What do you mean by temperature? Let's say you have your gas hooked up to a very tiny thermometer. It has a pointer that jiggles and bumps around. What you'd find is that the pointer fluctuations are mostly related to the mechanical evolution of the thermometer itself, not the system under consideration.
But that's beside the point. Temperature is not just a number on a machine, but rather a concept that we aspire to define and approximate better and better. So really, what is the essence of the concept called temperature?
What we want most from temperature is the notion of equilibrium. Most importantly, two systems at the same temperature should be unaffected when brought into thermal contact. Now, from microscopic mechanics we realize that systems will certainly exchange energy when brought into contact, and so it would seem that it's impossible for the systems to not affect each other. From this it would seem that temperature is fundamentally a flawed concept and cannot apply to microscopic systems.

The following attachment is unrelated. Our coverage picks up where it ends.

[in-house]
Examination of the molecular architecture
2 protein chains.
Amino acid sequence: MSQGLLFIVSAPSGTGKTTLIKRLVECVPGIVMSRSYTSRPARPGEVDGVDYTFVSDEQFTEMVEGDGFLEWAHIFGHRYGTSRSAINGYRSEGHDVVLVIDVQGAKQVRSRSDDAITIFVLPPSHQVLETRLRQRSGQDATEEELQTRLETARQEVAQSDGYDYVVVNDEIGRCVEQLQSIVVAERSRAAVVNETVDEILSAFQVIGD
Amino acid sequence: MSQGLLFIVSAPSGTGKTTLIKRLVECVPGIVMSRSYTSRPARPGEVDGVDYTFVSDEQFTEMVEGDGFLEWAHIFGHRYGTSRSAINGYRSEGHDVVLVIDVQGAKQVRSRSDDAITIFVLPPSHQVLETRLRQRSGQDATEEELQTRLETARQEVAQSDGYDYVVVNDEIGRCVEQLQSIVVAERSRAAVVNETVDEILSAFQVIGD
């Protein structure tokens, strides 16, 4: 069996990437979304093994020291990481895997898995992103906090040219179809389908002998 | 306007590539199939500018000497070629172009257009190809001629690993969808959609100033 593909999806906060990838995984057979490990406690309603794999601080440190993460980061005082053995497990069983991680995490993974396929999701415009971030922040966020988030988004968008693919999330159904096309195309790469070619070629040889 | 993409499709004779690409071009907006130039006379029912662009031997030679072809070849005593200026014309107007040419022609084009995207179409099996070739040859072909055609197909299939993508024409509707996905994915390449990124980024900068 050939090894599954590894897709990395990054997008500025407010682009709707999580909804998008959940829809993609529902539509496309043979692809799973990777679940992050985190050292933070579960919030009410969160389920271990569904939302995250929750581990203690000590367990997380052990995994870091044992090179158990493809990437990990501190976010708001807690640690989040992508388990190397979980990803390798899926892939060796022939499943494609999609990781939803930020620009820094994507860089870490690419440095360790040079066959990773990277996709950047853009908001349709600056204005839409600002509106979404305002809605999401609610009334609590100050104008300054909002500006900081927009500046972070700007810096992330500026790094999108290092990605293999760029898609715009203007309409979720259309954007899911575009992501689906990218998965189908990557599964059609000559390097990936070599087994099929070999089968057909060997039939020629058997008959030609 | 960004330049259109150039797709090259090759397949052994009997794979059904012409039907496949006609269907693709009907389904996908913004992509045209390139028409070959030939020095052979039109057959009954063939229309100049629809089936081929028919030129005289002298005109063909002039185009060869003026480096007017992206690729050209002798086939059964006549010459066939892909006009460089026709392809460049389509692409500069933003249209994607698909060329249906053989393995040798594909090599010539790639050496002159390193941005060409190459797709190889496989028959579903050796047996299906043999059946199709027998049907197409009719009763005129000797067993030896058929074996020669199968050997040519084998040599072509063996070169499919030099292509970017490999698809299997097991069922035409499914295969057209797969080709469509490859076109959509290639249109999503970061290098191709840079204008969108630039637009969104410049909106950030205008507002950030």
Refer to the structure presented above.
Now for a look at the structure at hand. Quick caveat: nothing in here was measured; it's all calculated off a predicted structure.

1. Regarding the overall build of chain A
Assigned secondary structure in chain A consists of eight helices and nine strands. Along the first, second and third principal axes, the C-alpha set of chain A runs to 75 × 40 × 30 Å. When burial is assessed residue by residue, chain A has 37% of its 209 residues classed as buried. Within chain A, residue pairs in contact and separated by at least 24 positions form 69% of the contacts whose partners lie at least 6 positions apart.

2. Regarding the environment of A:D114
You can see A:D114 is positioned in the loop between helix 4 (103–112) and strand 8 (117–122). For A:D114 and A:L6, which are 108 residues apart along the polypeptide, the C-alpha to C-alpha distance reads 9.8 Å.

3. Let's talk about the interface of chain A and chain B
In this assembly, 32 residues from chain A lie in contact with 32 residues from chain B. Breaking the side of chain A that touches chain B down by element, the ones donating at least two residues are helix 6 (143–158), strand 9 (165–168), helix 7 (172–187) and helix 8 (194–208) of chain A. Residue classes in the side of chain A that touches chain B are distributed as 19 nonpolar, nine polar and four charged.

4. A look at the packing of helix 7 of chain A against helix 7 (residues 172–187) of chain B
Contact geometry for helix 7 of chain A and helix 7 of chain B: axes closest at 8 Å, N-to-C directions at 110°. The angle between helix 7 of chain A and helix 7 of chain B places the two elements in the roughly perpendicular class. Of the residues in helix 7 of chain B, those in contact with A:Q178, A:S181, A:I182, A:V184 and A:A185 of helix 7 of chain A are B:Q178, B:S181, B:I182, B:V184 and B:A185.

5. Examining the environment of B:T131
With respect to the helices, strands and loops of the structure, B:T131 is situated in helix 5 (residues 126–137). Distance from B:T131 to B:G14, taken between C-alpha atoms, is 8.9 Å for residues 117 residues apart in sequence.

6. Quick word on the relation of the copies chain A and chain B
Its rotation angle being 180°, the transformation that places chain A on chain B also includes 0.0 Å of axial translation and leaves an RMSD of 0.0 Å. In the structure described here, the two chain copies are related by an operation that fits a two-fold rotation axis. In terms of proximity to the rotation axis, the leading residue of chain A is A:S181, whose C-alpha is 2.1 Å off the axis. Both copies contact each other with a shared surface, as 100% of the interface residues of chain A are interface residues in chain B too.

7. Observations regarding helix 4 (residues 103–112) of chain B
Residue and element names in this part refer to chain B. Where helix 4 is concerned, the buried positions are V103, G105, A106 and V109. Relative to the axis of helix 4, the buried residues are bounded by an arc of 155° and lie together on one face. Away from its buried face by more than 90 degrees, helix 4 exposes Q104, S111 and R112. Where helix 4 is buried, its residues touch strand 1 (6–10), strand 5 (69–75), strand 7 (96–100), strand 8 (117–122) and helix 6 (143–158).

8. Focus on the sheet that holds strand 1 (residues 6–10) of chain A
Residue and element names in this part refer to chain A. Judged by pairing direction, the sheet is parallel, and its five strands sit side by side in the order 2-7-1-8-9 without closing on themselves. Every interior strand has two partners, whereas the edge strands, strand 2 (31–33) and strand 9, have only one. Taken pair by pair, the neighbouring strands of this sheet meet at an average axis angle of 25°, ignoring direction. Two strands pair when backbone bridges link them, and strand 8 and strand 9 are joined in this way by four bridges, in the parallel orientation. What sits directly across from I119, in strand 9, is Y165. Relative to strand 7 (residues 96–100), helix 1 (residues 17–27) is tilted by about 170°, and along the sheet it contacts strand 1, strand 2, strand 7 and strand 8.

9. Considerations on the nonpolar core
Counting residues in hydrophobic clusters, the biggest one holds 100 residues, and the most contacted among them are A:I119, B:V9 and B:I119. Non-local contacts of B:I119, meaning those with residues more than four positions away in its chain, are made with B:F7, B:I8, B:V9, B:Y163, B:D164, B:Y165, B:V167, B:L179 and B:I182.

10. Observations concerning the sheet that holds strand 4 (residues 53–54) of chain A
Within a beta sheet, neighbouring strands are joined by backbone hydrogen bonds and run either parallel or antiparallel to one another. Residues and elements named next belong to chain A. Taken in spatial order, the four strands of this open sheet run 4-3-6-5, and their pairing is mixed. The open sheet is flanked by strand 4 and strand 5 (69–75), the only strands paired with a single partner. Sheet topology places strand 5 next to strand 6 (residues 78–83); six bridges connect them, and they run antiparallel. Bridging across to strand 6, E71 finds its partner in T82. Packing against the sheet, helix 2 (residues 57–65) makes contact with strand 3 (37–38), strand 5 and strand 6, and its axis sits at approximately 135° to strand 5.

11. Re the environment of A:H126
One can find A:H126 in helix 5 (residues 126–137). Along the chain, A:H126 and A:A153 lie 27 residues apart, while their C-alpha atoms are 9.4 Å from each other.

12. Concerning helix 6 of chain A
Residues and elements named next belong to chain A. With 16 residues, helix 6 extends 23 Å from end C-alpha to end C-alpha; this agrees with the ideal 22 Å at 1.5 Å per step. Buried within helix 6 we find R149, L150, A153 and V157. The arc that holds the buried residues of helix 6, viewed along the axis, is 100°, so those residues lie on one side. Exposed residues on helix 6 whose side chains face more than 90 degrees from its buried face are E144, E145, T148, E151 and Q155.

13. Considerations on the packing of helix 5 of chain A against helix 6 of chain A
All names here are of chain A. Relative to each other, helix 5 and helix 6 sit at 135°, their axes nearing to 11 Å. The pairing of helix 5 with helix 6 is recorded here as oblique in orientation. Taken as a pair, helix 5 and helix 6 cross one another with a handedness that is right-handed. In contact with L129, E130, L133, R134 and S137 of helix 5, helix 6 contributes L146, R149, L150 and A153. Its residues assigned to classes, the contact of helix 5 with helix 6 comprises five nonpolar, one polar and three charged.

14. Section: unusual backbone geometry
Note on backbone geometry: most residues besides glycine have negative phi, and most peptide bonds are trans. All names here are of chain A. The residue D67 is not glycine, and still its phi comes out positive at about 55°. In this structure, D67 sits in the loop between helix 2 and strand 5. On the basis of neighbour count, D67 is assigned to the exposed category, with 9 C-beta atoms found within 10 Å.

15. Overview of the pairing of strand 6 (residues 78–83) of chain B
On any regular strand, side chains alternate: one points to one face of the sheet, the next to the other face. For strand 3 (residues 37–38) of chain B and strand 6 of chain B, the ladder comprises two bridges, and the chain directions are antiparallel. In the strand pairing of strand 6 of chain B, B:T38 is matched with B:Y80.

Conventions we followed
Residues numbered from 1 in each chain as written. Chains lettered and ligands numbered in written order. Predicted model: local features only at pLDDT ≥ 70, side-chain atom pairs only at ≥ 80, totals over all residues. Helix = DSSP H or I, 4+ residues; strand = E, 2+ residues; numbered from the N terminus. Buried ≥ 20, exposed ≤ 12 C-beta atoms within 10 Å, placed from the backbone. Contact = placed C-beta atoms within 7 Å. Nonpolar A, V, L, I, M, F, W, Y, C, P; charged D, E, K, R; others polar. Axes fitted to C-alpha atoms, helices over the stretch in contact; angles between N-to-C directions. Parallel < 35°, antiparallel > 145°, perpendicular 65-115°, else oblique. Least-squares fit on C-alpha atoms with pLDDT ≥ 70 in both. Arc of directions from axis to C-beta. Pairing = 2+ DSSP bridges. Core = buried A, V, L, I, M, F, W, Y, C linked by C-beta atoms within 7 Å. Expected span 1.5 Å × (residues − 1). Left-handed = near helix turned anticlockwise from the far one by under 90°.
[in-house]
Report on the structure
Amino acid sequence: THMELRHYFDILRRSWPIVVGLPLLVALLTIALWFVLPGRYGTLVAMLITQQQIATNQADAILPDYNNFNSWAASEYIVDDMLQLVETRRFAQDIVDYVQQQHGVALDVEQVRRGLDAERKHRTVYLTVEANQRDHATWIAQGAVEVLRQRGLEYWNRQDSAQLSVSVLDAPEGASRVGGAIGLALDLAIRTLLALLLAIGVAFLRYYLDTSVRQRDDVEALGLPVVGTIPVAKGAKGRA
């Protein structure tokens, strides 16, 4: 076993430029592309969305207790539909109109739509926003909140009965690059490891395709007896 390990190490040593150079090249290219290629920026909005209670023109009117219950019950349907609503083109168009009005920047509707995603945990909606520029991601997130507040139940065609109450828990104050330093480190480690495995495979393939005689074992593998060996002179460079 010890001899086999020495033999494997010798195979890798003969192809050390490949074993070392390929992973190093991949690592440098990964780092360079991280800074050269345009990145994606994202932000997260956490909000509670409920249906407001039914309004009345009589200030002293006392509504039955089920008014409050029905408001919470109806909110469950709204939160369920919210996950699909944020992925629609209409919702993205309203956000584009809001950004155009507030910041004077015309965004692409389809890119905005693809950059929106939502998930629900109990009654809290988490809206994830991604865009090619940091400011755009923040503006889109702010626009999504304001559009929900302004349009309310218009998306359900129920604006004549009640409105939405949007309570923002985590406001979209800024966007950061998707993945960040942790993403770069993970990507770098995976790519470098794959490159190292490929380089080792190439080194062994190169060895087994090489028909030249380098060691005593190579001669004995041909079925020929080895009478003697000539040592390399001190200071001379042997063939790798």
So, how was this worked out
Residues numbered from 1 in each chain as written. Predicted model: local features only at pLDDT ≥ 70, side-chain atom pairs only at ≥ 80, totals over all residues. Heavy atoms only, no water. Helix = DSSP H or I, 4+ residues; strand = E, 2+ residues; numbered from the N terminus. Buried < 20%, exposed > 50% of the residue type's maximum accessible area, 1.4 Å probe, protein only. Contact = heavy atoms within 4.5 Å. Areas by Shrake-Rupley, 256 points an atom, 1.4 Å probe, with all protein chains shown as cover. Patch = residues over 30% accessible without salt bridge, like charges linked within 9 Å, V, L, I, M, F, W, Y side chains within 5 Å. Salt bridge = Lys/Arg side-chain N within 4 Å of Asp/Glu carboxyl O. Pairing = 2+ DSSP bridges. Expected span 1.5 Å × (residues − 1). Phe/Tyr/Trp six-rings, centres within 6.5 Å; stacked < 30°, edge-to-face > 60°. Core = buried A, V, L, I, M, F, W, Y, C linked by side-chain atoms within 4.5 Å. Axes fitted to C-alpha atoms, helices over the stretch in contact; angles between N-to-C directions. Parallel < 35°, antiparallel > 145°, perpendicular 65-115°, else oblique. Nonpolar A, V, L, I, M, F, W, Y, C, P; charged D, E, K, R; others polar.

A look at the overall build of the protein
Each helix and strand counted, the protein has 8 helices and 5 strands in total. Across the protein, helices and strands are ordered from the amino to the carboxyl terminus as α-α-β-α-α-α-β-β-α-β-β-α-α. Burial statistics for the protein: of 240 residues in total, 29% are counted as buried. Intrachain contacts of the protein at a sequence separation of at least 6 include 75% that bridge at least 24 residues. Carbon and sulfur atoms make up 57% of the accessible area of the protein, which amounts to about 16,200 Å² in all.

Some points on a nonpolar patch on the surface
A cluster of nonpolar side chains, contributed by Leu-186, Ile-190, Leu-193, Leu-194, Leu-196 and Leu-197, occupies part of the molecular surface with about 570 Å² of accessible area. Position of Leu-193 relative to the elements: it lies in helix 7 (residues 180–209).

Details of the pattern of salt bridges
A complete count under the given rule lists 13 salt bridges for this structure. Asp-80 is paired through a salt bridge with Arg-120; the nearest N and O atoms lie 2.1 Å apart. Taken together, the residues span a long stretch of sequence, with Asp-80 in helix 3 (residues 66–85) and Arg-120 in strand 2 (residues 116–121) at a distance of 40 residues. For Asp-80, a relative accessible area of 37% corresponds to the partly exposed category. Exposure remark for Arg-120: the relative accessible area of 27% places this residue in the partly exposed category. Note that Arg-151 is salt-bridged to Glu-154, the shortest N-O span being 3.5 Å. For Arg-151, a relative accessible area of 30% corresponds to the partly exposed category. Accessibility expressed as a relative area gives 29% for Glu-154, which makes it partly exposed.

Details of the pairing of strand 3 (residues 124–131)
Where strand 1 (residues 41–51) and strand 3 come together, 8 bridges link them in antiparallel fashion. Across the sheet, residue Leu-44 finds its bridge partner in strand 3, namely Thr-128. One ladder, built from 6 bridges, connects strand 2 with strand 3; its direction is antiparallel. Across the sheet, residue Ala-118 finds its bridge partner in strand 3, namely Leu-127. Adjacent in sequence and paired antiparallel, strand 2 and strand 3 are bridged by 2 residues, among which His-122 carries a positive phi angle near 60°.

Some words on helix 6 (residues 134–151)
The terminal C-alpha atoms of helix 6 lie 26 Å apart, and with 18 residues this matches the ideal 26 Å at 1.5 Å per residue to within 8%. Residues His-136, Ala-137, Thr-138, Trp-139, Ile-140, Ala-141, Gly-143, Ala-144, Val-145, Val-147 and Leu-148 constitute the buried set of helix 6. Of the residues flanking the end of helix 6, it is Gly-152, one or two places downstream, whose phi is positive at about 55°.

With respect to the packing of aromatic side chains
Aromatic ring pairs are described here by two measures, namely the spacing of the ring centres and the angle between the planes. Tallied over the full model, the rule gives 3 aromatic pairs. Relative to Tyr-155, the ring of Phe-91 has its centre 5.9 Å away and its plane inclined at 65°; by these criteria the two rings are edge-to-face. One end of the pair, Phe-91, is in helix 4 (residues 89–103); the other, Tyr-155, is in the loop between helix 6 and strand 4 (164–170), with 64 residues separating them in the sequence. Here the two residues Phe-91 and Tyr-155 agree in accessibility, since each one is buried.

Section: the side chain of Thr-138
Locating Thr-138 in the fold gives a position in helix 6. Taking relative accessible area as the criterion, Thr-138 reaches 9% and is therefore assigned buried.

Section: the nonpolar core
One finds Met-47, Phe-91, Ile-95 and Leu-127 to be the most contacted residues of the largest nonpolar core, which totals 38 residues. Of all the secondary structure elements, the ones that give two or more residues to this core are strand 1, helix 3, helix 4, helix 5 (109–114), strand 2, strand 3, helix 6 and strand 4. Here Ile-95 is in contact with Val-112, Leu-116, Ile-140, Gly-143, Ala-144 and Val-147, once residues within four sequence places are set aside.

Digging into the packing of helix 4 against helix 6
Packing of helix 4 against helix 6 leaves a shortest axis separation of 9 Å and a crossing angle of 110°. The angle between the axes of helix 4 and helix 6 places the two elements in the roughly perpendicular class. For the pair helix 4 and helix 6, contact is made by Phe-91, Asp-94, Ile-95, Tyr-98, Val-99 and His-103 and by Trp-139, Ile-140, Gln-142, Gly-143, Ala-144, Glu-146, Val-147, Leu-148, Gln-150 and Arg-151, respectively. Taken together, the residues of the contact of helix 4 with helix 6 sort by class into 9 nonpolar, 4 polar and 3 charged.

Statistical mechanics solves this conundrum: what if nobody precisely knew the states of the systems beforehand, that they were randomized? What if system A and system B have states that are so uncertain that when they are brought into contact, their probability distributions are unchanged? For all purposes, there would be no effect by bringing them into contact. Nobody would notice the difference.
In this way two systems may come into contact and certainly affect each other, and certainly exchange energy, yet still be said to be in equilibrium. This allows the concept of temperature to apply to any system, provided the uncertainties have a certain form. However we must then abandon the concept that temperature is a property of a system. Temperature is unlike energy or momentum, in that if you fully describe the state of a system then it ceases to have a well defined temperature. It is only once you begin to speak of average behaviours, of uncertain systems, that the notion of temperature becomes valuable.